When Pol Pot’s militia caught her hiding rice, they accused her of betraying the revolution, and threatened to kill her.
Today, nine of her children have married and La has 33 grandchildren, some of whom help her work on the farm. Others work as construction labourers.
As the matriarch of the household, however, La continues to shoulder the burden of her family’s situation.
Each morning La wakes at four and walks about 10 kilometres to get to her watermelon farm. After working on the farm, she makes the three-hour journey home in the evening. ”Sometimes I sleep here when I am too exhausted. If my husband was still alive, life would not be difficult like today,” she sighs.
The recently harvested rice crop yielded just enough to pay the landowner the 300 kilogrammes of rice he takes each year as land rental fee, and La says the profits she makes from growing watermelons will go mostly to pay off debts.
Stories like that of La show how the demographic imbalance, which occurred as a result of conflict and the death of a large number of men, forced women to take on exceptional responsibilities in post-conflict Cambodia.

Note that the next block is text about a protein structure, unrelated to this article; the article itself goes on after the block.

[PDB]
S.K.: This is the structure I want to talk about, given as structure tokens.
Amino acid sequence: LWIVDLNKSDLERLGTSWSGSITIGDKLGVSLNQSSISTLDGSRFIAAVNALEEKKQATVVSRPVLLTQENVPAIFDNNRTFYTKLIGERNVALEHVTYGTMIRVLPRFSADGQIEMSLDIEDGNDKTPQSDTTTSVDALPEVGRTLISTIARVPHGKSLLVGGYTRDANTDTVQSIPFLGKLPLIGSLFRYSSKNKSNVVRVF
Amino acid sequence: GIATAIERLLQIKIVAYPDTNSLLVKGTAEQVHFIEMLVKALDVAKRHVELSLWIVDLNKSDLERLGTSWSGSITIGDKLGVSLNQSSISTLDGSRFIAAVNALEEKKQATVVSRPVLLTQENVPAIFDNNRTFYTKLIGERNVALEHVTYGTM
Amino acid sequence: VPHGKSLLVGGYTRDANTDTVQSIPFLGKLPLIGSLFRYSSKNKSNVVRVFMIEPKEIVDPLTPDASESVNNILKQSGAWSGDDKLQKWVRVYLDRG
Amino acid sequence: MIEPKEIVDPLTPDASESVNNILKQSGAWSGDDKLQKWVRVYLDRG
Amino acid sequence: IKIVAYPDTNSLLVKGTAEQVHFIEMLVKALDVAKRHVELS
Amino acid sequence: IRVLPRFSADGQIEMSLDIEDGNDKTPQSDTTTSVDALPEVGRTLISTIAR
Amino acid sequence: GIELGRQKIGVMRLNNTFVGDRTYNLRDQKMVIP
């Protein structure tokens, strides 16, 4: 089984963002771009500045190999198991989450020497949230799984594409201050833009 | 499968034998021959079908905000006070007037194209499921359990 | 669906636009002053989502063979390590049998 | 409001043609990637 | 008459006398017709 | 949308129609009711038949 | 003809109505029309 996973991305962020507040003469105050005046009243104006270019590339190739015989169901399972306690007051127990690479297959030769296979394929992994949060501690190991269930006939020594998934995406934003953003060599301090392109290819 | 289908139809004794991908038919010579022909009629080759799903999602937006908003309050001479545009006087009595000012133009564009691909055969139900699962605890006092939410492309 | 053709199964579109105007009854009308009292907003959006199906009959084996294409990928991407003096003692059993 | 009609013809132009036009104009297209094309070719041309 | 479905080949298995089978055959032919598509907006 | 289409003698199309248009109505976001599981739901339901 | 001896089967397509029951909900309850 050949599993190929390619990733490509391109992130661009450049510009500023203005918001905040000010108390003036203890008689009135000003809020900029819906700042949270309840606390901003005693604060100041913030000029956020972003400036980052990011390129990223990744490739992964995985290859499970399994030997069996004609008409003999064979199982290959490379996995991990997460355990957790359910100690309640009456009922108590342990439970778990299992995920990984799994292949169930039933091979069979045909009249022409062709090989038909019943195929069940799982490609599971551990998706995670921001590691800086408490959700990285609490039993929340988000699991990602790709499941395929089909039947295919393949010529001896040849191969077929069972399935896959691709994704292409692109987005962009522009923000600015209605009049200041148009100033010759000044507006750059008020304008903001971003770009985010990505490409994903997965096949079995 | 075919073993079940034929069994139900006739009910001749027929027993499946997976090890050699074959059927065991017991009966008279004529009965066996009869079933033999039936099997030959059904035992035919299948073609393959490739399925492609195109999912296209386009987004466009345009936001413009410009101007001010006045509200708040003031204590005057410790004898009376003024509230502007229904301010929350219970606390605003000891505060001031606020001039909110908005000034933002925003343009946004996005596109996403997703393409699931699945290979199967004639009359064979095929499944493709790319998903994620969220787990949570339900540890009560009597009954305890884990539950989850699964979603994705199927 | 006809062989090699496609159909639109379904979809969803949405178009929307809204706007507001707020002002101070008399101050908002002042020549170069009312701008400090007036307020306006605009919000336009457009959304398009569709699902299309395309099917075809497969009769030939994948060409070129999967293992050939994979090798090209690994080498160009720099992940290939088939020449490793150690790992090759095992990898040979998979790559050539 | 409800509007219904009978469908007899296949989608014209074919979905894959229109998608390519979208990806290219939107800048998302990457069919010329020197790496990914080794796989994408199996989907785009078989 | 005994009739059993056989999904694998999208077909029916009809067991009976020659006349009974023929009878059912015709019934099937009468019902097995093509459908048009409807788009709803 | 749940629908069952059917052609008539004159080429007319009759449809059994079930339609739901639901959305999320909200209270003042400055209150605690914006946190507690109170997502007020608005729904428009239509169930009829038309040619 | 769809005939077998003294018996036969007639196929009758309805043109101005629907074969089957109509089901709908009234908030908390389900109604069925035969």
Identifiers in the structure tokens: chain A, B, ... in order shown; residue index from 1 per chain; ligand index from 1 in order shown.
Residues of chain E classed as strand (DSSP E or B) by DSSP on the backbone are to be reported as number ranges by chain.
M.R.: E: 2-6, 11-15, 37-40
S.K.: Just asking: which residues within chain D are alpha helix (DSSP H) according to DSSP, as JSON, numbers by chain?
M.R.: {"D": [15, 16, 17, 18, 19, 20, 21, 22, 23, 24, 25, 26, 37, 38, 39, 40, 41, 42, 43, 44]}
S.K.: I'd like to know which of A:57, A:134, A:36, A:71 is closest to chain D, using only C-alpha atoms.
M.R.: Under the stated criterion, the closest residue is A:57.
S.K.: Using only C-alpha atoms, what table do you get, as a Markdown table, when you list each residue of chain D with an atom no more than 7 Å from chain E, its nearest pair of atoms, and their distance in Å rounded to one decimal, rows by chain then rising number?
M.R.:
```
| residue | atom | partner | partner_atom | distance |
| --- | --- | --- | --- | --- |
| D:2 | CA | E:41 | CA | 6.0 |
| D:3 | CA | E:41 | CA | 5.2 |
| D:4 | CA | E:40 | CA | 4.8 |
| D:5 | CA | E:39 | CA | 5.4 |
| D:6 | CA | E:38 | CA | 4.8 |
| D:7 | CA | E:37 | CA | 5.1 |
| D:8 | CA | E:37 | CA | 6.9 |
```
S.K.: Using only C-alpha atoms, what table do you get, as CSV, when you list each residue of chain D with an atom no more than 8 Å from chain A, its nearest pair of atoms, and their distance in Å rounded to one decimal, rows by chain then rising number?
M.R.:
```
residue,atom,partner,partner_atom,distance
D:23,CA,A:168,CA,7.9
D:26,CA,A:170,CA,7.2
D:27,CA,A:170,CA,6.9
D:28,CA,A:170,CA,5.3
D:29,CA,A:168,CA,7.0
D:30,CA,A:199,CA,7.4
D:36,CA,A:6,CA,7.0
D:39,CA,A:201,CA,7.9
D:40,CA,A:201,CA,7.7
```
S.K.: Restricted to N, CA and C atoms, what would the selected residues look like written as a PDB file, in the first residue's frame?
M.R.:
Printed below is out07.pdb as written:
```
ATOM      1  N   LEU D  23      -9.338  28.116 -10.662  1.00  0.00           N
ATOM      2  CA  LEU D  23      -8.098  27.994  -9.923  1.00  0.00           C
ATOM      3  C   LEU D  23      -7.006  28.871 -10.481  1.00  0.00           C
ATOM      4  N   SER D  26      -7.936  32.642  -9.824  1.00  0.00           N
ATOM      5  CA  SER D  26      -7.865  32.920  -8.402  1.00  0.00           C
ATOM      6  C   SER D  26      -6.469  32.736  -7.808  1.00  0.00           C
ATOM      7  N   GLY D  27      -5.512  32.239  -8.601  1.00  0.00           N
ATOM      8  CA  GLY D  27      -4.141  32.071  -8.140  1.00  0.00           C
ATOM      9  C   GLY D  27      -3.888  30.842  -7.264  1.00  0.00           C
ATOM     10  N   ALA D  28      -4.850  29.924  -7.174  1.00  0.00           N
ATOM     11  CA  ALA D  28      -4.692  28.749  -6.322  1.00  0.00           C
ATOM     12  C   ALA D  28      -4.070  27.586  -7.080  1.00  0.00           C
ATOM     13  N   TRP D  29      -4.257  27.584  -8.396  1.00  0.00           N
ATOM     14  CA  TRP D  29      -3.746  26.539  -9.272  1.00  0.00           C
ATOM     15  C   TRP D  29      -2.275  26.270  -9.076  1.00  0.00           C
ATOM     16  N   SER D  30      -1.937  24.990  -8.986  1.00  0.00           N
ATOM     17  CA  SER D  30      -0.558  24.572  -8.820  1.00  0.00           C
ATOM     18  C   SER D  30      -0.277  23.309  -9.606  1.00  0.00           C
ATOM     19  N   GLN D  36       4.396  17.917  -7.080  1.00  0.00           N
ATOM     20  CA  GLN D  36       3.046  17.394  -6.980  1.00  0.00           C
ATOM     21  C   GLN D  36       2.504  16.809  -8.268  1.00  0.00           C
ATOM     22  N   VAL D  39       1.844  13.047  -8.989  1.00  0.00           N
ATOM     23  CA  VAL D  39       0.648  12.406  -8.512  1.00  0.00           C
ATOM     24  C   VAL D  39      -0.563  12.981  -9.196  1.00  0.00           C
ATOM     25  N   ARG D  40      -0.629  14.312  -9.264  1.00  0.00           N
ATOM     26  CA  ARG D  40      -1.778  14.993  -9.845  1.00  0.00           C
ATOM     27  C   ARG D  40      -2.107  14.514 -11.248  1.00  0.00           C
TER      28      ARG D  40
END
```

”Many women were unprepared after the loss of their husbands for the burden of being the sole income earners,” says Kek Galabru, president of the Cambodian League for the Promotion and Defense of Human Rights. ”Women (often) had to bring up several young children of their own and sometimes the orphaned children of friends and relatives as well.”
Sim Mary, acting director of the Battambang Provincial Department of Women Affairs, says 30,300 of Battambang’s 179,574 families are headed by widows.
Mary estimates that the Khmer Rouge regime was responsible for 60 percent of those widows, while 20 percent was due to the civil war in the 1980s. The others lost their husbands to diseases such as malaria and AIDS.